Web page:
All posts in “Gadgets”

These Bluetooth earbuds double as a charging cord

As I write this, I’m somewhere in Asia, with a bag full of assorted cables and devices. I’ve gotten better at packing light, but I’ve still got a ways to go. Certainly there’s something to be said for those products that can pull double duty — take the new Huawei phone or most recent iPad Pro update, all of which double as device chargers.

The Changer looks to be a clever take on the concept for the perpetually low on battery. The $89 yolked Bluetooth earbuds double as a charging cable. Snap the headphone bits off and you’ll find USB-C, microUSB and Lightning connectors.

The headphones sport a 12-hour battery, according to the company, and can be plugged directly into the wall. The cable can also be used to plug a mobile device into a battery pack or plugged into two different devices to share a charge.

I’ll admit I’m a bit skeptical about the efficacy of all this at this point, and the fact that its manufacturer, 49101, is opening up pre-orders through Indiegogo. The headphones are set to start shipping early next year.

EnduroSat CEO to talk about making satellites more affordable at Disrupt Berlin

It has never been easier to launch a satellite into space. But EnduroSat wants to make it even easier by making CubeSats more affordable thanks to a unique platform. That’s why I’m excited to announce that EnduroSat CEO Raycho Raychev is coming to TechCrunch Disrupt Berlin to talk about his platform.

Many industries have gone through a standardization revolution. Decades ago, shipping stuff from one continent to another was costly because it was a manual process. Exporters now put everything into containers so that you can carry them seamlessly from a port to a cargo ship, a train or a truck.

Similarly, it became much easier to create a new data center thanks to standardized server racks. You can fit servers, routers, or disk arrays into a metal frames, and line all the server racks in a warehouse.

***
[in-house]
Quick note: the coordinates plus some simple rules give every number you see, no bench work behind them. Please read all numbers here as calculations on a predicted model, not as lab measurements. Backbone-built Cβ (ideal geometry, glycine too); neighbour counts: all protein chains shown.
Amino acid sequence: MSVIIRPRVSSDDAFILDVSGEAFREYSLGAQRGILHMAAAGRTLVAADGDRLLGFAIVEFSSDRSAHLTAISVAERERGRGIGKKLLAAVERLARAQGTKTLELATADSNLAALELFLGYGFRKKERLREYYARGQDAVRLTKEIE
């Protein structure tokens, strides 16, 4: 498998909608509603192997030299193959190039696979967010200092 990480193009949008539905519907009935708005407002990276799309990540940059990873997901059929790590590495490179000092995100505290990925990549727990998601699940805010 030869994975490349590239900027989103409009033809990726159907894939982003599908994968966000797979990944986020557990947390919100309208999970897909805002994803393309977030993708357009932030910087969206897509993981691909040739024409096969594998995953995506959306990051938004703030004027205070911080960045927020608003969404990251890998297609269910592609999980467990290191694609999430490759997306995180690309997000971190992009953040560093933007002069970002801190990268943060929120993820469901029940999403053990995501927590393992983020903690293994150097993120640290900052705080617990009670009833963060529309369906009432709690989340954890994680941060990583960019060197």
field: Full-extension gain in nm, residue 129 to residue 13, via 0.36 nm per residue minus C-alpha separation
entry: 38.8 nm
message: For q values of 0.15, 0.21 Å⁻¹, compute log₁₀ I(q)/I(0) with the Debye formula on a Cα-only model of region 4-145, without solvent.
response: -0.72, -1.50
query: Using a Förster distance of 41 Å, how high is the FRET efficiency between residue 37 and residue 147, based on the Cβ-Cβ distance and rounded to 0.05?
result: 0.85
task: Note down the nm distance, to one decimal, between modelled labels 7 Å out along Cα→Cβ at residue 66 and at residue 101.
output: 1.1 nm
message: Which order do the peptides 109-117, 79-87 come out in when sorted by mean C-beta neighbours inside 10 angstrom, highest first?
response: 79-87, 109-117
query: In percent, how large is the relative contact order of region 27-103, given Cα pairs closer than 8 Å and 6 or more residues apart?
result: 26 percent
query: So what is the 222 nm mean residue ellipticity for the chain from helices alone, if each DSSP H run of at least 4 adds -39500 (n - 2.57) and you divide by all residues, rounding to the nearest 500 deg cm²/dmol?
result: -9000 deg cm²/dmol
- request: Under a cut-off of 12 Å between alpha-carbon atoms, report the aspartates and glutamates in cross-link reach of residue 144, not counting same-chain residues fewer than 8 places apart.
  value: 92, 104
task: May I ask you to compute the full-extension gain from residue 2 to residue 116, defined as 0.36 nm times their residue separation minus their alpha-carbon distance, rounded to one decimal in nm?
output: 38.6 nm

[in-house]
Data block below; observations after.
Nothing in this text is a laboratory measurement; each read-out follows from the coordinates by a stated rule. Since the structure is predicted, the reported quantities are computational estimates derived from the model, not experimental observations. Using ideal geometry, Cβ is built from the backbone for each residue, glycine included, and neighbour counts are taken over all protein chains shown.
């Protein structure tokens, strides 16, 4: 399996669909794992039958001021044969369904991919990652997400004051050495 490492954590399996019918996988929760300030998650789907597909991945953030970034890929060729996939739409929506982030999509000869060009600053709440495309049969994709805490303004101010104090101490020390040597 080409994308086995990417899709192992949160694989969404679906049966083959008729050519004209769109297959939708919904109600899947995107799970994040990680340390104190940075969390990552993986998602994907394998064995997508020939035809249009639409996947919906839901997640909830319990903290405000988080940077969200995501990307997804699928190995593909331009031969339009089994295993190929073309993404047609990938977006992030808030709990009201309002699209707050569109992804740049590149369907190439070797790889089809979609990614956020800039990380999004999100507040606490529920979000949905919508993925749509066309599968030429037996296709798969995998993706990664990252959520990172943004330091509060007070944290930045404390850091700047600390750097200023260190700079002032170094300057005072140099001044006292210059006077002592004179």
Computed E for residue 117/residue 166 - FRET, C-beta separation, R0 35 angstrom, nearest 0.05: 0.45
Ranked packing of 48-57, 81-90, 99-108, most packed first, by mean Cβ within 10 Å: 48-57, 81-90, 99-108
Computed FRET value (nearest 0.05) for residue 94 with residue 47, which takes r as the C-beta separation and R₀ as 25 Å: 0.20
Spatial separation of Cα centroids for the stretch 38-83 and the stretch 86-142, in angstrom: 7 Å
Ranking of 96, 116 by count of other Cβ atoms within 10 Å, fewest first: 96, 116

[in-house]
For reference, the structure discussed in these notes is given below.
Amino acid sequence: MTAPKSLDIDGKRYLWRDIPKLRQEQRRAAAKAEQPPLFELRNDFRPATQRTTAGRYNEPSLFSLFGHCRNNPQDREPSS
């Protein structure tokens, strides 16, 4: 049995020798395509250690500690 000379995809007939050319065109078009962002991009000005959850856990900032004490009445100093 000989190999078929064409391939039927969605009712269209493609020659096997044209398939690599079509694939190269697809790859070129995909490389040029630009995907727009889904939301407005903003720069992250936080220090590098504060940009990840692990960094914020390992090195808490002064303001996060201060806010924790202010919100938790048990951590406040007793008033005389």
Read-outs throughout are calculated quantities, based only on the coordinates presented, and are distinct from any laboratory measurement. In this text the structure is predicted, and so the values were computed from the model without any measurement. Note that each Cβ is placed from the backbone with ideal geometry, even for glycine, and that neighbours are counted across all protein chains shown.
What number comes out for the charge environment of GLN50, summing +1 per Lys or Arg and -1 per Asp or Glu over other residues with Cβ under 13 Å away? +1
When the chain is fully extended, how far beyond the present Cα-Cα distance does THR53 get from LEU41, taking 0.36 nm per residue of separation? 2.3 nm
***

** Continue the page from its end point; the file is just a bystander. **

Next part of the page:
The same is happening with satellites. Thanks to CubeSats, you get to choose the list of components that you want to put in your satellite and they’ll all fit nicely in a cubical package.

EnduroSat is working on next-generation CubeSats. You first choose the frame of your CubeSat. You can then buy different modules to build the perfect satellite for your use case.

The company now has over 30 clients and the EnduroSat One is currently flying above our heads. If you want to hear Raychev tell you more about what they’ve been working on, you should come to Disrupt Berlin. The conference will take place on November 29-30 and you can buy your ticket right now.

In addition to fireside chats and panels, like this one, new startups will participate in the Startup Battlefield Europe to win the highly coveted Battlefield cup.

Raycho Raychev

CEO, EnduroSat

Raycho Raychev works in the field of space science, tech and business.

He founded EnduroSat – a fast-growing satellite company with unique market approach in the space sector. Prior to the company Raycho founded massive space educational platform – Spaceport and practice-oriented space course – Space Challenges.

His education includes Master of Science from International Space University and Innovation and Growth Program from Stanford University and Endeavor.

Google is closing its Schaft robotics unit after failing to find a buyer

Sad news for anyone into giant robots: Google is closing down Schaft, its secretive unit that develops bipedal robots aimed at helping out in disaster efforts and generally looking badass.

The news was first reported by Nikkei, but Google confirmed to TechCrunch that the business will be shuttered. It said it is helping staff find new roles, most of which will likely be outside of Google and its Alphabet parent.

Firstly up, many people — myself included — might have forgotten that Google owns Schaft .

The company was scheduled to be sold to SoftBank alongside Boston Dynamics — another of Google’s robotics ventures — through a deal that was announced last year. Boston Dynamics made the transition but Schaft didn’t. Softbank never shouted that omission from the rooftops, but a source with knowledge of the deal told us that certain conditions agreed for the deal were not fulfilled, hence Schaft remained with Google.